# with the same modification date as the original files.

for i in * .jpg; do jpegooptim -d ./compressed -p “$ i”; done

Top: Instead of putting the entire script in your bash file, you can copy and paste it from here in Terminal by using Ctrl + Shift + V or using the Paste option from the context menu.

Your file would look like this:

Script to compress images with jpegoptim

Now exit the file using the key combination Ctrl + X. You will then be asked to save the file under “Save changed buffer?”. prompt. Type Y then hit Enter; Your script file will now be saved in the current folder.

To make this file executable by the current user, run the following command in your terminal:

$ chmod +x compressAll.sh

To run the script, change your current directory to the one whose JPGs you want to compress (in my case the images directory). Make sure the directory contains a folder called “compressed”. If it doesn’t exist, create one before running the script.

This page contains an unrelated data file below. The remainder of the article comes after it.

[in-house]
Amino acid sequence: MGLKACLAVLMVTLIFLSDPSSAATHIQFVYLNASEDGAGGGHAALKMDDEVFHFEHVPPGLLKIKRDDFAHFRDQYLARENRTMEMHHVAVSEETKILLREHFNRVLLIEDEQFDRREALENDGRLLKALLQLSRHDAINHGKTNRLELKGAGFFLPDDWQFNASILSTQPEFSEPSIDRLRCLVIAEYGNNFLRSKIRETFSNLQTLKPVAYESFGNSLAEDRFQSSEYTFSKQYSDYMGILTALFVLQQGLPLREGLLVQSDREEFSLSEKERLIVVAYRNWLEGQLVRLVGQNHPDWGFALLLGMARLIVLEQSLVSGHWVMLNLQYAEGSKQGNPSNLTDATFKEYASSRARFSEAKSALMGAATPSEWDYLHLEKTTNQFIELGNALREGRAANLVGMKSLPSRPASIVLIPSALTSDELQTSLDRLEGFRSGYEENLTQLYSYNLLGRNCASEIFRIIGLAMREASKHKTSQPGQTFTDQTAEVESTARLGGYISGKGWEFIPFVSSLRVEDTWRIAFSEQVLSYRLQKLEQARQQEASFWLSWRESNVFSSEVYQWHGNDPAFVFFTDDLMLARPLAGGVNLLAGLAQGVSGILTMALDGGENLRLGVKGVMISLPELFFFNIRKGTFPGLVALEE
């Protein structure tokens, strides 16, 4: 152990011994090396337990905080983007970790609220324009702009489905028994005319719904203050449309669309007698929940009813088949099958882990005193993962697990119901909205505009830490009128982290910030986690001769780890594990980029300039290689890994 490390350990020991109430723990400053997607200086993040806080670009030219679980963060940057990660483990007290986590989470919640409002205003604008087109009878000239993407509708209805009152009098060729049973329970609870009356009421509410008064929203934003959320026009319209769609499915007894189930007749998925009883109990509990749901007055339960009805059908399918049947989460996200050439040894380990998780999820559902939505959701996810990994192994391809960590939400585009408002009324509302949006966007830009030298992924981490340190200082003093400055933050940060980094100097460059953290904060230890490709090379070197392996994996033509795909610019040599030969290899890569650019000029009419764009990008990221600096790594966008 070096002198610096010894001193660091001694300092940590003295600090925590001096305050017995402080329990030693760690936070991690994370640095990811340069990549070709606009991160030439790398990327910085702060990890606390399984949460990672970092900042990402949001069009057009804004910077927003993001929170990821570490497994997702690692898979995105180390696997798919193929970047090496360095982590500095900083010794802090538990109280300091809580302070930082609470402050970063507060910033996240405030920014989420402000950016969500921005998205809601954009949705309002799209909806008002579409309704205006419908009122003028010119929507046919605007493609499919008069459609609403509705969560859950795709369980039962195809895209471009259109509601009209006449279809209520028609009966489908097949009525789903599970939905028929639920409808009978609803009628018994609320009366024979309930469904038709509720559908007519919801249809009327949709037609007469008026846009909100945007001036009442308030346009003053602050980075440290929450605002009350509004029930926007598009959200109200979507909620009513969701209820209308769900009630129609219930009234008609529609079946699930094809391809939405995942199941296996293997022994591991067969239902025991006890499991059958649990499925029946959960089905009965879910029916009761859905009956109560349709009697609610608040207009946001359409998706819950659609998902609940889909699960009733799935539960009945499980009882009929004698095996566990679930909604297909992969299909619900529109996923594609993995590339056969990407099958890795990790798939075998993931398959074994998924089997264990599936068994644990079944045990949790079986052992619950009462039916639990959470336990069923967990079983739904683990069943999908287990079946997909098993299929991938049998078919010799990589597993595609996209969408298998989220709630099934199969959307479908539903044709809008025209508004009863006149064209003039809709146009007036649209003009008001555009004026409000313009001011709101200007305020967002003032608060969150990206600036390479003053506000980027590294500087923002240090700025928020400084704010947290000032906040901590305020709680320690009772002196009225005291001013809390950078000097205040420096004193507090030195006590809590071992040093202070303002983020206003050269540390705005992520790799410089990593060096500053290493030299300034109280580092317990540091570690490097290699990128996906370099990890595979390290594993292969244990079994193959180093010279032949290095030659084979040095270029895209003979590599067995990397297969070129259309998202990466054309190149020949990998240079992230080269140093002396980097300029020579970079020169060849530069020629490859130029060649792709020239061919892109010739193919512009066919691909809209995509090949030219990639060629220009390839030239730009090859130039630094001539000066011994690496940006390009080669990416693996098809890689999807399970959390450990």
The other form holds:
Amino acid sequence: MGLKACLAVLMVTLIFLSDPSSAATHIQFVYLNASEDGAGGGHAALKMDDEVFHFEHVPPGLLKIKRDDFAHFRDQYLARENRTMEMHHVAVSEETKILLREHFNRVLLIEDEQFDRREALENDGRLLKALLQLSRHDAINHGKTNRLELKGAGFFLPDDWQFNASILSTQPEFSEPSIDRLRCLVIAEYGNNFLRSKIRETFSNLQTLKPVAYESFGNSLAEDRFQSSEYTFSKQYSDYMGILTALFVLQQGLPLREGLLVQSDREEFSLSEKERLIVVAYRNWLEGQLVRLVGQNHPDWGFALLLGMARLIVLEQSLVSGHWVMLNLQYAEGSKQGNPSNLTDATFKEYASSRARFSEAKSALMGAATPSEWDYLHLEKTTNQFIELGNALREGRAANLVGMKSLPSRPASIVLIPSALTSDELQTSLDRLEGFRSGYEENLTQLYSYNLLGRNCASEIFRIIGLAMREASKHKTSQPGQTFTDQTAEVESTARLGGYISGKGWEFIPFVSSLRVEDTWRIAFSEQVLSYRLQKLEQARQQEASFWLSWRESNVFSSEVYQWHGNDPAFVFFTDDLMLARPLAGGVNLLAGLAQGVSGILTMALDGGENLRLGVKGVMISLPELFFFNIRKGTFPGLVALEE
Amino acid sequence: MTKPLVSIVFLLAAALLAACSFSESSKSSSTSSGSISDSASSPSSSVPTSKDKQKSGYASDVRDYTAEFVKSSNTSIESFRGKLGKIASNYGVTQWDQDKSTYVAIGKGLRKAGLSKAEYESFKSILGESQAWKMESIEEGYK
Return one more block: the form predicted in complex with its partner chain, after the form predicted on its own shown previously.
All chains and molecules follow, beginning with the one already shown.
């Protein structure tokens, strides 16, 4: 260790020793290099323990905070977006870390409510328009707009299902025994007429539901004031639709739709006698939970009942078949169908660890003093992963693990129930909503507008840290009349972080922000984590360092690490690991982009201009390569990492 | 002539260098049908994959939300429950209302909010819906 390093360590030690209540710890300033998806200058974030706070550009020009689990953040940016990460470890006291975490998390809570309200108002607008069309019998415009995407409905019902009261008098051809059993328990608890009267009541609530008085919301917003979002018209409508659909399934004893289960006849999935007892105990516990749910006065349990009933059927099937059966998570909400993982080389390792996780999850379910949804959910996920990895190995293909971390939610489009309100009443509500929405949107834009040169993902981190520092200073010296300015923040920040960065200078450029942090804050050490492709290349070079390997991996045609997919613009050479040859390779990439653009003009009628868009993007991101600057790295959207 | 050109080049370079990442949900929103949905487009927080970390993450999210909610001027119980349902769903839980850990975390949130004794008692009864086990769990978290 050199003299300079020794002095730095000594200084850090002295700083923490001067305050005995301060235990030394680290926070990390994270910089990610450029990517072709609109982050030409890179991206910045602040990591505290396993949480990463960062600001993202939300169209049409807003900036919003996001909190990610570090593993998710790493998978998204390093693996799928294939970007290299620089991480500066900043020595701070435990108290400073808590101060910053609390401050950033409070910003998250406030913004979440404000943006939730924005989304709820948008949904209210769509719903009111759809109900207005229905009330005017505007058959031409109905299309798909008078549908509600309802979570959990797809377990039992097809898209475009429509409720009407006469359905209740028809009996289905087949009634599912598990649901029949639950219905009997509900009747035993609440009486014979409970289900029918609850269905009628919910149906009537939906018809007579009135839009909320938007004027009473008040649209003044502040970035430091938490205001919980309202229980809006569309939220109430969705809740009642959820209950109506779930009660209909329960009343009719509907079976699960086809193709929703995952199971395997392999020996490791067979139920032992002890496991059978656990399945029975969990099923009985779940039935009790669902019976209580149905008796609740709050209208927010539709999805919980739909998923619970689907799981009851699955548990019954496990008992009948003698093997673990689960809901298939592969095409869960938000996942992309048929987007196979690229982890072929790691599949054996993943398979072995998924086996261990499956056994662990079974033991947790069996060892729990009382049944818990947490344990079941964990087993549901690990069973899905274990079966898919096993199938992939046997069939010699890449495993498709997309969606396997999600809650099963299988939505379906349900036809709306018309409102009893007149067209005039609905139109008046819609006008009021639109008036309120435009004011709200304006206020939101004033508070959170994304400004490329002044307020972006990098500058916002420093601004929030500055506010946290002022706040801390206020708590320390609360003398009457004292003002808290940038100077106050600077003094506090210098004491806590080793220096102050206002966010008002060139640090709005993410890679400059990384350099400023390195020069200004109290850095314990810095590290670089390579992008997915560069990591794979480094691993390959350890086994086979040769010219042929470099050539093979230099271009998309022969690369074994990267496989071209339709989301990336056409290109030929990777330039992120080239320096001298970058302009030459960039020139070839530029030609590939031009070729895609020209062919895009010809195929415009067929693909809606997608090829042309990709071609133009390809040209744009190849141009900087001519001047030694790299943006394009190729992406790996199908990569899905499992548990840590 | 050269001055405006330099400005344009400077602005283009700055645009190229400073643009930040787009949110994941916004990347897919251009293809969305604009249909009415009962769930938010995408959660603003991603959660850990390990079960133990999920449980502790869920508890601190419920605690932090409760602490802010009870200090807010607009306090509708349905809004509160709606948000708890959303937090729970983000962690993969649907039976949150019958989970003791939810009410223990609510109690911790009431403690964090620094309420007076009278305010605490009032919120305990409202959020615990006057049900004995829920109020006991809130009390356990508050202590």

Finally, run the script as follows:

$ /home/[username]/Documents/compressAll.sh

This command runs the bash script from the folder where you created it. Because of this, you had to provide the full path to this .sh file.

Compression script in action

You will see that all compressed files are written to the “compressed” folder. You can check this with the following command:

$ ls compressed

Here everything revolved around image optimization using the Jpegoptim utility. For more details, you can access the man page with the following command:

$ man jpegoptim

Sharing your pictures over the internet and uploading them to a location with limited bandwidth and space shouldn’t be a problem.

Optimize jpeg / jpg images using the Debian command line